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About Lila Quintero Weaver
Darkroom: A Memoir in Black & White is Lila's first major publication. It began as an academic project that morphed into a fully realized graphic novel. Four years--that's how long it took Lila to crank out over 500 drawings and 250 pages. The book was released by The University of Alabama Press in March 2012.
Don't look for Lila's MFA creds. She is a self-taught visual artist and apprentice writer with a pretty good eye for picking how-to writing and art books and is not shy about asking craft-related questions from experts. She received her formal education from the University of Alabama.
Lila was thrilled to be named a finalist for the Small Press Expo 2012 Ignatz Award for Promising New Talent and for the graphic-novel category in the 2012 Cybils. The Children's Literature and Reading Special Interest Group designated Darkroom as a winner in its 2013 Notable Books for a Global Society. Recently, the Arts and Humanities Council of Tuscaloosa announced Lila as its Druid Arts Awards Literary Artist for 2013.
Darkroom has a French counterpart and soon, a Swedish. In March 2013, the Parisian publisher Steinkis Editions released Darkroom: Mémoires en Noirs et Blancs. Lila's only regret is that her French grandfather and French-Argentine mother didn't live to see this happen.
The profile photo was taken by Alicia Anstead, Editor-in-Chief of The Writer Magazine. We met at Miami Book Fair International 2012.
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In 1961, when Lila was five, she and her family emigrated from Buenos Aires, Argentina, to Marion, Alabama, in the heart of Alabama’s Black Belt. As educated, middle-class Latino immigrants in a region that was defined by segregation, the Quinteros occupied a privileged vantage from which to view the racially charged culture they inhabited. Weaver and her family were firsthand witnesses to key moments in the civil rights movement. But Darkroom is her personal story as well: chronicling what it was like being a Latina girl in the Jim Crow South, struggling to understand both a foreign country and the horrors of our nation’s race relations. Weaver, who was neither black nor white, observed very early on the inequalities in the American culture, with its blonde and blue-eyed feminine ideal. Throughout her life, Lila has struggled to find her place in this society and fought against the discrimination around her.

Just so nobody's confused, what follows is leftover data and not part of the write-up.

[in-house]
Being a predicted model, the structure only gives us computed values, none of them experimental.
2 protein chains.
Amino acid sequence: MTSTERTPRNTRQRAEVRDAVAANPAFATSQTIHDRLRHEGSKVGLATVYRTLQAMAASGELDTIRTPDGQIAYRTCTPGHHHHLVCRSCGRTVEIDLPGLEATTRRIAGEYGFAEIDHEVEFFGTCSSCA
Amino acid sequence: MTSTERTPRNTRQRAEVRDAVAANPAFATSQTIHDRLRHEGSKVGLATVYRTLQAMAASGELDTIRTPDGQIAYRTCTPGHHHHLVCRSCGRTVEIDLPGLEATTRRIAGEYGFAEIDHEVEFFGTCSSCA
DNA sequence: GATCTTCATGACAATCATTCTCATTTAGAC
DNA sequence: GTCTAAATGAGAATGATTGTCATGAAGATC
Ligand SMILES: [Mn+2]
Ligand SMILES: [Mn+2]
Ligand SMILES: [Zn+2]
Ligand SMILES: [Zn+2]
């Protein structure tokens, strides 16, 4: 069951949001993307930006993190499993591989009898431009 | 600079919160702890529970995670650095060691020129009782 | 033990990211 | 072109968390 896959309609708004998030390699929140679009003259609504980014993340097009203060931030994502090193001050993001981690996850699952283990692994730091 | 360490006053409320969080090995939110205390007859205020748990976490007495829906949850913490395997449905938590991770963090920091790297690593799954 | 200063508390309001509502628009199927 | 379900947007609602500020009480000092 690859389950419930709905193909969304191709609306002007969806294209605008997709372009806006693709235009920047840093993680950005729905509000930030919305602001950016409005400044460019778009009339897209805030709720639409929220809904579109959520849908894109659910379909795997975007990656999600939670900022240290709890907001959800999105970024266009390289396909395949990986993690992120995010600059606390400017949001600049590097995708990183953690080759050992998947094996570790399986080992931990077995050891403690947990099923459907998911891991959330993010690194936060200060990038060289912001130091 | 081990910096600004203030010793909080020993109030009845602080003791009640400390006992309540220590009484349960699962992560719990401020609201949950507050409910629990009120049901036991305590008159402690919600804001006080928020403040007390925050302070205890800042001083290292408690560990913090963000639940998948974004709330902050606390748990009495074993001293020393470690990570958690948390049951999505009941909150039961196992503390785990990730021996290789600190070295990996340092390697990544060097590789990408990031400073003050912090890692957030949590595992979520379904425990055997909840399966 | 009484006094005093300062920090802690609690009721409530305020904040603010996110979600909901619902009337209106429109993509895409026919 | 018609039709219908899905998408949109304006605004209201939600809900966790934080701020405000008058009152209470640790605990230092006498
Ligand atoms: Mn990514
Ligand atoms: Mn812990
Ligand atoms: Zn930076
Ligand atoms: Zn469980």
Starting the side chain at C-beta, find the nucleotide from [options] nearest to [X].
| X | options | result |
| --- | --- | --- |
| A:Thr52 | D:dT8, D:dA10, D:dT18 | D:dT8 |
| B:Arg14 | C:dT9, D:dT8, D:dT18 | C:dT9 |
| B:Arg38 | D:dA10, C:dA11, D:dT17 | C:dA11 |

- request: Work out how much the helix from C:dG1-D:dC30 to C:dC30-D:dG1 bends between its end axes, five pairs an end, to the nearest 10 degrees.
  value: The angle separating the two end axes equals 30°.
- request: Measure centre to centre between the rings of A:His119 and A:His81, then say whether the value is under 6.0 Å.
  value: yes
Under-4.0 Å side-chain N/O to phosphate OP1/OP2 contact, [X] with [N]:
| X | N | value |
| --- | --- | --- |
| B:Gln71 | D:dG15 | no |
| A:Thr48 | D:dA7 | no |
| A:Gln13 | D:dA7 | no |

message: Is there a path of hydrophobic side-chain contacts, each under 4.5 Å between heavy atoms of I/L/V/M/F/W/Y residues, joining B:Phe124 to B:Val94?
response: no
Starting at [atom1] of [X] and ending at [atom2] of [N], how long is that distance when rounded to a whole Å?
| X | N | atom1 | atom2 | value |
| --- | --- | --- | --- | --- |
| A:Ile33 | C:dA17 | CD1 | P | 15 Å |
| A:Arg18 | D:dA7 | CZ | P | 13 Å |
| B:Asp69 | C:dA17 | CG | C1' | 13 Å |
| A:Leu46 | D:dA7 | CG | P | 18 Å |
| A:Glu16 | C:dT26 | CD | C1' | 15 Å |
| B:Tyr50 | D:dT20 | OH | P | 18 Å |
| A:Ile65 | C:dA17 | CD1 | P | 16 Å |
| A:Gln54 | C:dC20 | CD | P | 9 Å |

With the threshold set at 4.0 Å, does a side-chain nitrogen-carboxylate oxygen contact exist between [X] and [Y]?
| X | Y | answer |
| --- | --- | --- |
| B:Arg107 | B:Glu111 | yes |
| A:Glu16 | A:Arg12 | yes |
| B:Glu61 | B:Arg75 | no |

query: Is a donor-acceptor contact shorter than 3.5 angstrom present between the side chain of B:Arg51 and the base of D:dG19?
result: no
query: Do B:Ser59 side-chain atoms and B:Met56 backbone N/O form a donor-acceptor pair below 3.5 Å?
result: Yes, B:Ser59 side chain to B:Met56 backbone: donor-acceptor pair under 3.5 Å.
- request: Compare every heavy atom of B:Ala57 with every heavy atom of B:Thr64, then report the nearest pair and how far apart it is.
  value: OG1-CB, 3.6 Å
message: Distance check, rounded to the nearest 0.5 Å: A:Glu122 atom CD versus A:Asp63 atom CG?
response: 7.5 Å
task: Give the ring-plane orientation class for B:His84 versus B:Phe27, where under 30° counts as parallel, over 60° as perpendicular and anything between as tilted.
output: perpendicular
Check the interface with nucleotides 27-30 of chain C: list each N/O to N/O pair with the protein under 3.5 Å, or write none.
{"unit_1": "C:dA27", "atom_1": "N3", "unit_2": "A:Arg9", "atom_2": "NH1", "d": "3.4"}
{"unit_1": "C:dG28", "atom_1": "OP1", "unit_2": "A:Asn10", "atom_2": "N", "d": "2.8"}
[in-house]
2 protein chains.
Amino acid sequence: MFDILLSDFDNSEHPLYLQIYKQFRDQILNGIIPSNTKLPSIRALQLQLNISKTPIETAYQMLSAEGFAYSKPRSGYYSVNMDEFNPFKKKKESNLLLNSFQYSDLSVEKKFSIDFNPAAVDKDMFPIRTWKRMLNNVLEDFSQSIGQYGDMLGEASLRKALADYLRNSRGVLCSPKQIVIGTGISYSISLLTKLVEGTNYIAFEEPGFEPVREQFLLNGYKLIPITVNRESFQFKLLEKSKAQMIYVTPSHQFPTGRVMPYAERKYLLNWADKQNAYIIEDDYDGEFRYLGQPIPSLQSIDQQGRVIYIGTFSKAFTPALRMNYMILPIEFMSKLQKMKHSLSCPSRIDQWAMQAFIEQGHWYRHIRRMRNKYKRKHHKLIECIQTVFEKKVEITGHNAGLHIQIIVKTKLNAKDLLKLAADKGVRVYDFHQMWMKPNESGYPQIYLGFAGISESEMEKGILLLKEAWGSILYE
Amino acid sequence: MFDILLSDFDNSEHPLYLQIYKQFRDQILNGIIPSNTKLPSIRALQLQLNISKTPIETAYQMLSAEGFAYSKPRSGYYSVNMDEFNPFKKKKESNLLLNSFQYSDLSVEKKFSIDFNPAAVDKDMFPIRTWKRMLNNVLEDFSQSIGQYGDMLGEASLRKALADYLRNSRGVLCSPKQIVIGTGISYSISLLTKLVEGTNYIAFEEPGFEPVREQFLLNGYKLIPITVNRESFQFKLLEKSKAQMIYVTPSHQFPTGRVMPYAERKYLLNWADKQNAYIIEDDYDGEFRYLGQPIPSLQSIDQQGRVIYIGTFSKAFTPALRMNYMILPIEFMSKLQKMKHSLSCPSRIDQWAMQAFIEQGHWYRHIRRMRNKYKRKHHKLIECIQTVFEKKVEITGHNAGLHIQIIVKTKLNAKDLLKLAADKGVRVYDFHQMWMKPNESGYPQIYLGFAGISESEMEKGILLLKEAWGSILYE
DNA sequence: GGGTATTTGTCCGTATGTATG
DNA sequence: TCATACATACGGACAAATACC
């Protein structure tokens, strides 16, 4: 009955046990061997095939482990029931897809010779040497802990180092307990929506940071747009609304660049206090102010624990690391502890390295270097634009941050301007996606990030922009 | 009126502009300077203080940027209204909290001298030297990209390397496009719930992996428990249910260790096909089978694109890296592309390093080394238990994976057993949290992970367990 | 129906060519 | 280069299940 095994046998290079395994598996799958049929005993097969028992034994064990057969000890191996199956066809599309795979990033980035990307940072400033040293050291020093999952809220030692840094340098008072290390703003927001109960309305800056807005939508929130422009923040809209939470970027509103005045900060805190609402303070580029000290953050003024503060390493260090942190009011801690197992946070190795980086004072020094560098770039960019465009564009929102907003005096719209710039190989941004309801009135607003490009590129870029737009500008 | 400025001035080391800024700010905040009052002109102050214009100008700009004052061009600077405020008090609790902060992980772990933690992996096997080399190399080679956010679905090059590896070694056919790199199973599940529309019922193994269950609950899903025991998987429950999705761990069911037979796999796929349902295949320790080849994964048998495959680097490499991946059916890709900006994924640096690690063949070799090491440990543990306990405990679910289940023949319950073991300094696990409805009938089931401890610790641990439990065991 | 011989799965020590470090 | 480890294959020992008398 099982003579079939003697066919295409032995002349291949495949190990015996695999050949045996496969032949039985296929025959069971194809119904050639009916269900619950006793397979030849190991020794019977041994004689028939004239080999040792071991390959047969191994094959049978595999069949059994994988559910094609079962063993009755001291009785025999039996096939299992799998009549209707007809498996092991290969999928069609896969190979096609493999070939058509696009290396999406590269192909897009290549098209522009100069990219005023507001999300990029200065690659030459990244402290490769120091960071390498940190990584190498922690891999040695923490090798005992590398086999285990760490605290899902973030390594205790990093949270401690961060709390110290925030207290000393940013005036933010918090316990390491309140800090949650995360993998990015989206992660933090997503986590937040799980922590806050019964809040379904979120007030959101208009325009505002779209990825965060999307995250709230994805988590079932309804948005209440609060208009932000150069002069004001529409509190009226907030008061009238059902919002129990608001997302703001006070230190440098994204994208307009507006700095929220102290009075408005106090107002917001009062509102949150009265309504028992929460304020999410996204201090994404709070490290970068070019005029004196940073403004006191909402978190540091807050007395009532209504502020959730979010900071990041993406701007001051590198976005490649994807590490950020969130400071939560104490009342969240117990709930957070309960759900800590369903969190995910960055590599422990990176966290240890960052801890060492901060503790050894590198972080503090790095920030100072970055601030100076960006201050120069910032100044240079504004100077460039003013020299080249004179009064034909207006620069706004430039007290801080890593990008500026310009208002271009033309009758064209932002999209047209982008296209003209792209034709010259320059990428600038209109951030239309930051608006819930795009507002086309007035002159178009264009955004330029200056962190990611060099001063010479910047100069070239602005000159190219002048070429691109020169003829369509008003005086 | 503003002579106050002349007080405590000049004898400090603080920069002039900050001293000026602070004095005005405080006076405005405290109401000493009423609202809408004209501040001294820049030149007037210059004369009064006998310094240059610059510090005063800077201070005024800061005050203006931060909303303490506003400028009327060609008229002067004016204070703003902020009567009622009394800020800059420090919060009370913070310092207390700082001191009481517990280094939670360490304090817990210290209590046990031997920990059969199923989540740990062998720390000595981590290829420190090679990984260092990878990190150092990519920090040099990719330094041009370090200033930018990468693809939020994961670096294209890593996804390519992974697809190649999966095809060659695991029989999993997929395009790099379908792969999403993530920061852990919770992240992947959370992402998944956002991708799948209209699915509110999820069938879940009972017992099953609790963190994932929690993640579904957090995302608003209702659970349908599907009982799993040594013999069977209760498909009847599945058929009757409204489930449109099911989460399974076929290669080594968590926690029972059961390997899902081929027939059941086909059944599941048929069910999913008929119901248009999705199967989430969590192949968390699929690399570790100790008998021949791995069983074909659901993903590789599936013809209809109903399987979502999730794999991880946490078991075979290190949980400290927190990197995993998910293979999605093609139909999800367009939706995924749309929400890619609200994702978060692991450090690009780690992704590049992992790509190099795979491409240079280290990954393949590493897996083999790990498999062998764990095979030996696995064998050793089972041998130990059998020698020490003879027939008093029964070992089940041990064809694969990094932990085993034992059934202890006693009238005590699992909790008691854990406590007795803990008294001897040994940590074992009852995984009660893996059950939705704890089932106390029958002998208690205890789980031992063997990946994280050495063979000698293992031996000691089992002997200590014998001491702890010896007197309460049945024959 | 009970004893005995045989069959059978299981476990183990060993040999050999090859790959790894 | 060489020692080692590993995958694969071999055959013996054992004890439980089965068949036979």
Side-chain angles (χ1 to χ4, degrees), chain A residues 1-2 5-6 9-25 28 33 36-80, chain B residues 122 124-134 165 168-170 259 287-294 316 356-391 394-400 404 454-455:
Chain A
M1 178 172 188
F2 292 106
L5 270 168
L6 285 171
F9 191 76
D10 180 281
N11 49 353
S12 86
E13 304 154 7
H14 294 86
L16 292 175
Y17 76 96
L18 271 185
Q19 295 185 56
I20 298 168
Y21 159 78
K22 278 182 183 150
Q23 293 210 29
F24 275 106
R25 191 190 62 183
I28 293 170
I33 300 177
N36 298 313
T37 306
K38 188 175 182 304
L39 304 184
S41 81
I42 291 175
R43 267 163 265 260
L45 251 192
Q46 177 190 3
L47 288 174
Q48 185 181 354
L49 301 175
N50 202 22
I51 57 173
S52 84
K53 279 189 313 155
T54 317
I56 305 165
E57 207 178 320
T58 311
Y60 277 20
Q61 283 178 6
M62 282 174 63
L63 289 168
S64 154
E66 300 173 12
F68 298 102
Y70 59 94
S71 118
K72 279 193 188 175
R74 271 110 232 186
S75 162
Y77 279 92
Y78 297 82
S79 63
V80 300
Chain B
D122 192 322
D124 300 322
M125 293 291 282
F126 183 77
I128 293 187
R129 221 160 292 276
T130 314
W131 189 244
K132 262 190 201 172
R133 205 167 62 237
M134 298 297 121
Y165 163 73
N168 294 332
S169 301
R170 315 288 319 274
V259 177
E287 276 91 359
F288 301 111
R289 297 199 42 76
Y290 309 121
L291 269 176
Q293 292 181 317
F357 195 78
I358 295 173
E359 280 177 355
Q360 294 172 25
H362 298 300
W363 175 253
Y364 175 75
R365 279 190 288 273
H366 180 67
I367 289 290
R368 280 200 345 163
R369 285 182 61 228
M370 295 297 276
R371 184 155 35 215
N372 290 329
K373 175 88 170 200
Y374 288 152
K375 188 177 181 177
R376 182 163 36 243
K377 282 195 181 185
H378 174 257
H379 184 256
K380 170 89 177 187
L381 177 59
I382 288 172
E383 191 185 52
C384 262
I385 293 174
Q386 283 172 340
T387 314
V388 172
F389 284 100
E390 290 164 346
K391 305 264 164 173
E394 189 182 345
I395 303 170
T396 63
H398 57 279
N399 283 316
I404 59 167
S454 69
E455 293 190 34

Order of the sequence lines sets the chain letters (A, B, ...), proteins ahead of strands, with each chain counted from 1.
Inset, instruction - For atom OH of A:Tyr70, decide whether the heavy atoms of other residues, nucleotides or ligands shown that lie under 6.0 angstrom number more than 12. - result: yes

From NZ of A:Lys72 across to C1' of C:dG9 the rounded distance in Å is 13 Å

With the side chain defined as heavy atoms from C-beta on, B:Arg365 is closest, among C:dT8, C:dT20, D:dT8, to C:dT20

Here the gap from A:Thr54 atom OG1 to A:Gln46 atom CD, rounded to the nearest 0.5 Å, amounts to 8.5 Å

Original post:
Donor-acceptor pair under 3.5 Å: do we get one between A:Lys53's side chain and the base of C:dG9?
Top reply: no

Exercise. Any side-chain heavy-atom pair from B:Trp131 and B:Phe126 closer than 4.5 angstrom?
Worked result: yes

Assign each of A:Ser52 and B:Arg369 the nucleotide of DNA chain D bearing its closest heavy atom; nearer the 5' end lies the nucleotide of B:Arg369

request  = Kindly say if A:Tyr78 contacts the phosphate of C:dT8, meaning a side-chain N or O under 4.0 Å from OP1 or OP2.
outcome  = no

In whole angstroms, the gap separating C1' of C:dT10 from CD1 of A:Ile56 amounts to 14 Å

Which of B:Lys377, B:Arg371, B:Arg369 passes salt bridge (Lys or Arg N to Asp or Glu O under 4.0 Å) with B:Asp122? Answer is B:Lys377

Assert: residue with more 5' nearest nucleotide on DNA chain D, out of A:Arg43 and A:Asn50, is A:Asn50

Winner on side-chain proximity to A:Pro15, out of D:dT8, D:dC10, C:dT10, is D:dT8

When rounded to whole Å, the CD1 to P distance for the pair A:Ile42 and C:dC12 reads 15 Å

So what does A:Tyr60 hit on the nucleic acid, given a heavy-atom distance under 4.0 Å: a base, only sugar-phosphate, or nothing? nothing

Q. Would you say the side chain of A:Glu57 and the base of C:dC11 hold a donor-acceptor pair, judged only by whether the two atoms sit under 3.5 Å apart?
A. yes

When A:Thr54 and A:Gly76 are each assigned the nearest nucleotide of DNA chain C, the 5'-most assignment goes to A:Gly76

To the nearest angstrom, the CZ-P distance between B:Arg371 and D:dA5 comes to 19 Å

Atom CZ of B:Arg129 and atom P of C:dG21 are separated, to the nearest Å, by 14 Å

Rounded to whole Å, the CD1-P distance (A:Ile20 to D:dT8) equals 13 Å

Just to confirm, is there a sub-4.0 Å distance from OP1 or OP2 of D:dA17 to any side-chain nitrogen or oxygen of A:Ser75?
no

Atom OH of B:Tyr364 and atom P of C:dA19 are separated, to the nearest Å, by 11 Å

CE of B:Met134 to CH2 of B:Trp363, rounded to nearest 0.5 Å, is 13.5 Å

In a racially polarized classroom in 1970 Alabama, Lu’s talent for running track makes her a new best friend — and tests her mettle as she navigates the school’s social cliques.
Miss Garrett’s classroom is like every other at our school. White kids sit on one side and black kids on the other. I'm one of the few middle-rowers who split the difference.
Sixth-grader Lu Olivera just wants to keep her head down and get along with everyone in her class. Trouble is, Lu’s old friends have been changing lately — acting boy crazy and making snide remarks about Lu’s newfound talent for running track. Lu’s secret hope for a new friend is fellow runner Belinda Gresham, but in 1970 Red Grove, Alabama, blacks and whites don’t mix. As segregationist ex-governor George Wallace ramps up his campaign against the current governor, Albert Brewer, growing tensions in the state — and in the classroom — mean that Lu can’t stay neutral about the racial divide at school. Will she find the gumption to stand up for what’s right and to choose friends who do the same?